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Marine Corps Air Ground Combat Center

"Marine Air Ground Task Force Training Command"

Twentynine Palms, California
Combat Center supports healthy-base initiative

By Lance Cpl. Alejandro Bedoya | Marine Corps Air Ground Combat Center | December 20, 2013

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Operation Live Well, a year-long program supporting the healthy-base initiative, encourages Combat Center patrons to practice healthy lifestyles, which battle obesity and tobacco use. These behaviors include physical fitness, mental fitness and healthy eating habits. Many Marines and sailors are issued meal cards and depend on the chow halls for their primary means of food. Department of Defense mess facilities have changed their menus to meet the nutritional needs of those meal card holders and give them healthier options.

Operation Live Well, a year-long program supporting the healthy-base initiative, encourages Combat Center patrons to practice healthy lifestyles, which battle obesity and tobacco use. These behaviors include physical fitness, mental fitness and healthy eating habits. Many Marines and sailors are issued meal cards and depend on the chow halls for their primary means of food. Department of Defense mess facilities have changed their menus to meet the nutritional needs of those meal card holders and give them healthier options. (Photo by Lance Cpl. Alejandro Bedoya)


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MARINE CORPS AIR GROUND COMBAT CENTER TWENTYNINE PALMS, Calif. -- Operation Live Well, a year-long program supporting the healthy-base initiative, encourages Combat Center patrons to practice healthy lifestyles, which battle obesity and tobacco use. These behaviors include physical fitness, mental fitness and healthy eating habits. Many Marines and sailors are issued meal cards and depend on the chow halls for their primary means of food. Department of Defense mess facilities have changed their menus to meet the nutritional needs of those meal card holders and give them healthier options.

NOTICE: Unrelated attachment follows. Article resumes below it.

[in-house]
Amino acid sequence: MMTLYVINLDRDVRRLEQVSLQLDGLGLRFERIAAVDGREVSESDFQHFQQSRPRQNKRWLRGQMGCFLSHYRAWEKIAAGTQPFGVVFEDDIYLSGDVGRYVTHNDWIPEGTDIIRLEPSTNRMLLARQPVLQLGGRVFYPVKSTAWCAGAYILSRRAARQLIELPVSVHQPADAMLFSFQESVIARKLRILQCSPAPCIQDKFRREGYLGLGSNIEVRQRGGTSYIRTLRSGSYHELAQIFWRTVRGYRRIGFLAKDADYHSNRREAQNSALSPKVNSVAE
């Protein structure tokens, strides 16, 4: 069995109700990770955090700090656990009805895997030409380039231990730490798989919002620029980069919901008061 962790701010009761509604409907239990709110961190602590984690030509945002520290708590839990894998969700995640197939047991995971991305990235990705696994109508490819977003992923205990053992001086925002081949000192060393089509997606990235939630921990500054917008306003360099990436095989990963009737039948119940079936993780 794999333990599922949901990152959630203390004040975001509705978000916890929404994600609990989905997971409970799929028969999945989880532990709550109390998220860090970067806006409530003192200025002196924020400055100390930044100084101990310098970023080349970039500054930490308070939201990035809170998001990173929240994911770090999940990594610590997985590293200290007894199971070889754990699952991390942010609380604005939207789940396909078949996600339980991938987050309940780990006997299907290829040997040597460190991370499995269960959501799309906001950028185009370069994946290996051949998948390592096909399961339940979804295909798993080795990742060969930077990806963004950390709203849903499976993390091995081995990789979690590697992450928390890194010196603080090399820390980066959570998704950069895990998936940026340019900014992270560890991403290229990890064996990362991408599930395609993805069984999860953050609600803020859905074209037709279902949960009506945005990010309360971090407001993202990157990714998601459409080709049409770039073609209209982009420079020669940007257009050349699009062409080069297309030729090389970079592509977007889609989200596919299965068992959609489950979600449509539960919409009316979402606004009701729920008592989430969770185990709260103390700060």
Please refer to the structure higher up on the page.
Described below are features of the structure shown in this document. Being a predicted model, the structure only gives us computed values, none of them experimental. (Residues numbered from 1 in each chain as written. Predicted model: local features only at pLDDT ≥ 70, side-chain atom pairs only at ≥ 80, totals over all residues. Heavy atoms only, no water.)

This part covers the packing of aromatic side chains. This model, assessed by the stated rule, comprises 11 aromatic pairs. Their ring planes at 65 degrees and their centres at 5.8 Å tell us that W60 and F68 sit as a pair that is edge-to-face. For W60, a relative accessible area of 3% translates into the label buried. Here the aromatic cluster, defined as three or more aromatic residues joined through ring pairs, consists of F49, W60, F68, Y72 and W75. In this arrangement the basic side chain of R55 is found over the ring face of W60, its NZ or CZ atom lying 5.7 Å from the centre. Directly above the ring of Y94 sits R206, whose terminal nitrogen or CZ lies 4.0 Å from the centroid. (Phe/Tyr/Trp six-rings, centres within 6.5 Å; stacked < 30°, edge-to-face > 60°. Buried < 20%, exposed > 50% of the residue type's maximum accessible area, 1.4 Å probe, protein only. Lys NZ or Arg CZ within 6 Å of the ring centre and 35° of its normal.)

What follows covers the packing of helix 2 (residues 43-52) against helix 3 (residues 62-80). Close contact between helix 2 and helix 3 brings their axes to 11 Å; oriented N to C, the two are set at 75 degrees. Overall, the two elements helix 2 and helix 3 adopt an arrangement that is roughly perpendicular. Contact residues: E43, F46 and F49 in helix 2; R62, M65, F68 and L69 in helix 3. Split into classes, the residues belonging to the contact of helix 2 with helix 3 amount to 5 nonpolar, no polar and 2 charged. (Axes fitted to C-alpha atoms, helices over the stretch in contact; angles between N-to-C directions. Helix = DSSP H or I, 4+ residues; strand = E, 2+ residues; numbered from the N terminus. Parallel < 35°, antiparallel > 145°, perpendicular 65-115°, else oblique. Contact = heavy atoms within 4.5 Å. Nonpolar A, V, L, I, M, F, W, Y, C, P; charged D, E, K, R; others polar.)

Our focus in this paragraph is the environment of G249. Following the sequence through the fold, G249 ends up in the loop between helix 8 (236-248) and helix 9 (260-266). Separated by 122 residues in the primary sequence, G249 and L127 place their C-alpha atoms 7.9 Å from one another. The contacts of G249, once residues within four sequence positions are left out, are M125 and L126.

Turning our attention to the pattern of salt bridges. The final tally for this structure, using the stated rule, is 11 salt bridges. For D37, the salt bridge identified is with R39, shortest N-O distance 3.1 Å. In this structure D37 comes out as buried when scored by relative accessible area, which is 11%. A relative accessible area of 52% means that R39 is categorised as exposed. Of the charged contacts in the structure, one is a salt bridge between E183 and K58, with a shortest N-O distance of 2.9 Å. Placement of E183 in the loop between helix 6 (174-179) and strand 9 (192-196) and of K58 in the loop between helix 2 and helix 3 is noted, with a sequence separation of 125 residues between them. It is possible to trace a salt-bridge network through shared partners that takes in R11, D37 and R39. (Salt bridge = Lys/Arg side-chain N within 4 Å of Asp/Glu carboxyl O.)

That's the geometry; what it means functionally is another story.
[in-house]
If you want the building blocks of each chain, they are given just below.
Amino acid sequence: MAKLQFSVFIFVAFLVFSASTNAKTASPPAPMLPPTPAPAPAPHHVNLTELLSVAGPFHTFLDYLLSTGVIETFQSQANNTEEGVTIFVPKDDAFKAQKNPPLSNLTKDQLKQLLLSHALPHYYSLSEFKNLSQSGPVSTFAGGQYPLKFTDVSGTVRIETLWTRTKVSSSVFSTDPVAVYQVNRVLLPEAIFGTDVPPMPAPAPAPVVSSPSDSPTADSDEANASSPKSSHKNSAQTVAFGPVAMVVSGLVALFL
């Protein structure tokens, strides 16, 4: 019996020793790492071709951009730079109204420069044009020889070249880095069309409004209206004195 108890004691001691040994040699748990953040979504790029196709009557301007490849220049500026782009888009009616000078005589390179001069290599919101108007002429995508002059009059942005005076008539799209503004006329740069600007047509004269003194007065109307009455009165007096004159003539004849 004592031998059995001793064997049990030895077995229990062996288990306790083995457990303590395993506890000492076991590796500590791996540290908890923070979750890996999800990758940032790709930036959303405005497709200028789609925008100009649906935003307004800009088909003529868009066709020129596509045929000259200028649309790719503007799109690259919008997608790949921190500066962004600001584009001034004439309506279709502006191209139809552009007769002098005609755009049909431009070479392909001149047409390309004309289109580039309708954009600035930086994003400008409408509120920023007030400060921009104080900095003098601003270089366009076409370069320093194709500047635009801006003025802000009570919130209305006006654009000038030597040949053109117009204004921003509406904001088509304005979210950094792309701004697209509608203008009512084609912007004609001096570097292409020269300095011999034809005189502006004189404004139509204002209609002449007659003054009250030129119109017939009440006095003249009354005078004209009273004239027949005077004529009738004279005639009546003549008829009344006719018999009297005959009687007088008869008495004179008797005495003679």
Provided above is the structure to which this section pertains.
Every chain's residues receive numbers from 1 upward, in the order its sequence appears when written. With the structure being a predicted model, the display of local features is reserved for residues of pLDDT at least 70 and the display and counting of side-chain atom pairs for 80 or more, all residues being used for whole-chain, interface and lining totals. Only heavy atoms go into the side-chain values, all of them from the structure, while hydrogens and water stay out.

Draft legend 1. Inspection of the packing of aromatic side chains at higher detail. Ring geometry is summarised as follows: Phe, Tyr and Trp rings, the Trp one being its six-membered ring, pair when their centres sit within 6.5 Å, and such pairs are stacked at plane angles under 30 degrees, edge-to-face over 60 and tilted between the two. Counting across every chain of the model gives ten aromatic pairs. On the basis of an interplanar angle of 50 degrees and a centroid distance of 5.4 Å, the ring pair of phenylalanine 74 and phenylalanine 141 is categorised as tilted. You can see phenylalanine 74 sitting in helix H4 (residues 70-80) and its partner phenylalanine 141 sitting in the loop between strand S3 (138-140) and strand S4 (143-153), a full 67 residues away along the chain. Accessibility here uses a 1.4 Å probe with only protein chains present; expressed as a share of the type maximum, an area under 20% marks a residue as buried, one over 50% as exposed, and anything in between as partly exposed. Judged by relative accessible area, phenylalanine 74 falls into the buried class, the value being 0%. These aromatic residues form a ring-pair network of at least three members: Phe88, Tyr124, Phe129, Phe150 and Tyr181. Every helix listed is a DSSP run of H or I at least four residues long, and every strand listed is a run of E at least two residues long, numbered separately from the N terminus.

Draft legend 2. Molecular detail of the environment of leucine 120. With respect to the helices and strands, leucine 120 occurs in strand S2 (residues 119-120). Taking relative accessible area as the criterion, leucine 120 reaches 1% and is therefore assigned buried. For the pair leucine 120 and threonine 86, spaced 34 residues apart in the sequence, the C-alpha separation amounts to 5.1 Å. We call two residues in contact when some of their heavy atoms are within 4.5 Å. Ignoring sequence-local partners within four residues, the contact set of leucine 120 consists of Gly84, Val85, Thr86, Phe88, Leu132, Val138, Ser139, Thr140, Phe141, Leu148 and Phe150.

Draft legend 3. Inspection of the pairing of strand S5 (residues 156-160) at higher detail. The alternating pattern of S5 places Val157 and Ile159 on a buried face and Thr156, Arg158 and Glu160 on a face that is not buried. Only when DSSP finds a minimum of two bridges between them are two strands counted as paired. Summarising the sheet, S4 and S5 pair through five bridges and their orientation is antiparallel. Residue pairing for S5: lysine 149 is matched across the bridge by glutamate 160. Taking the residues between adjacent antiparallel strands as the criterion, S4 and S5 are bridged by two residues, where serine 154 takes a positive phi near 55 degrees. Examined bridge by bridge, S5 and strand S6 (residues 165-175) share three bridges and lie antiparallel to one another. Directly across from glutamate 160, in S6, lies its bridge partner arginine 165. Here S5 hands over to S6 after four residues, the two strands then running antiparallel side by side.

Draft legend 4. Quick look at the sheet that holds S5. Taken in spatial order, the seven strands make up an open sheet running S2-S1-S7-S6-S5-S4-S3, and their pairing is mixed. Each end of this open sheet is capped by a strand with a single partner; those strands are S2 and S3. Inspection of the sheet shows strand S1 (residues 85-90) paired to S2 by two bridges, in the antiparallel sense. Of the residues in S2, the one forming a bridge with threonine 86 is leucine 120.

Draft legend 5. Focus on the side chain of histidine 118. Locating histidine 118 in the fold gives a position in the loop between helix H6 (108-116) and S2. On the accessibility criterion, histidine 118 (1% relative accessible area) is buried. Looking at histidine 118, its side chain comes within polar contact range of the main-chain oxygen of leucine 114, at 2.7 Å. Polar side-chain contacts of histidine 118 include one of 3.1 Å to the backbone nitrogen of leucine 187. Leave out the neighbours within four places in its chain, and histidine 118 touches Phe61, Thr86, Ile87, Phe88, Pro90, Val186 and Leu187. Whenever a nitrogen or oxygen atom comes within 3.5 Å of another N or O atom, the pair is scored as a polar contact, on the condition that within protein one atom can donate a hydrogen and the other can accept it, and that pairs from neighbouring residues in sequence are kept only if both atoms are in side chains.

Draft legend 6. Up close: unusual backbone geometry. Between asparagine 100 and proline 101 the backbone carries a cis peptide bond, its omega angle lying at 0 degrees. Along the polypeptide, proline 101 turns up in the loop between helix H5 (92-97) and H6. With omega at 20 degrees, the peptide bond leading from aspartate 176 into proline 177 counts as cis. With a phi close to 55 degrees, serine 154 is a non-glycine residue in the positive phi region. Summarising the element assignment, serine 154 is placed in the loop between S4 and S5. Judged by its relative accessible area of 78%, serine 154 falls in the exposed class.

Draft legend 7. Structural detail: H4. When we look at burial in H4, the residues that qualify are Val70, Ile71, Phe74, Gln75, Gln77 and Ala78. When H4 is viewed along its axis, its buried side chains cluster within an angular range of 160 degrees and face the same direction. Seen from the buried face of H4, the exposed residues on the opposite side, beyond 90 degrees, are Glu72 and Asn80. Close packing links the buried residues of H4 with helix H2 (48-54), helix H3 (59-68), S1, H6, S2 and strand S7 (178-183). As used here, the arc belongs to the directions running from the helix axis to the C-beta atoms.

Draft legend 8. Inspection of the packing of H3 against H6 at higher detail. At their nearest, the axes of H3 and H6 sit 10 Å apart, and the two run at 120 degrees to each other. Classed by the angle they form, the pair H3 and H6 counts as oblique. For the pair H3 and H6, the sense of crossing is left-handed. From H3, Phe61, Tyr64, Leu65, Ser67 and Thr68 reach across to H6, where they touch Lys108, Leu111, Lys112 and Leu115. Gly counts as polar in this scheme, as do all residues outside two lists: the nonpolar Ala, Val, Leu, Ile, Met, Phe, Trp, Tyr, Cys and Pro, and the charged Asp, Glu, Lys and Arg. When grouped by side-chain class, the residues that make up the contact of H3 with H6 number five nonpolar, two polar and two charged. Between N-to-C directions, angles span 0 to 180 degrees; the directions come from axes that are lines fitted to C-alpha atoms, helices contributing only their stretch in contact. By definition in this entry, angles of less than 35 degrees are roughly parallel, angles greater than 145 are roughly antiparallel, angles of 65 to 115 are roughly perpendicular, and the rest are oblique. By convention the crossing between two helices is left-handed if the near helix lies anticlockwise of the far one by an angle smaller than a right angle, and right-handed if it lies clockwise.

“We changed our chow halls to be more like a food court,” said June Richardson, area operations manager, Sodexo government services. “We wanted the service members to be able to come in and be able to have multiple options instead of just having two lines to choose from.”

There are separate lines in each chow hall to meet the needs of each customer. Each line serves different types of food including rice, fruit, steamed vegetables and soups. The chow halls also contain salad bars where patrons may create their own salad with various toppings and dressings. The food service Marines will respond to any feedback provided by people eating at the mess hall.

“We have multiple ways of receiving feedback,” said Bill Gearhart, technical representative. “People can go online to submit an interactive customer evaluation or fill out a comment card in the chow halls.”

The interactive customer evaluations may be submitted by going to the Combat Center’s food service web page. The link is located at the bottom of the page.

Comment cards may also be used by going to the mess hall and filling one out. A response to both of these surveys is usually given with 24 hours.

“We want good and bad feedback,” Gearhart said. “We want to be able to respond to what people have to say and make our chow halls the best they can possibly be.”

The Marine Corps is well-known for striving to be the best. The Corps’ standards force Marines to be mentally and physically fit. Marines are strongly encouraged to have healthy eating habits to assist in meeting those standards.

“We have to eat healthy to avoid injury,” said Cpl. Daniel Logan, infantryman, 1st Tank Battalion. “The first step of eating healthy is having those options.”
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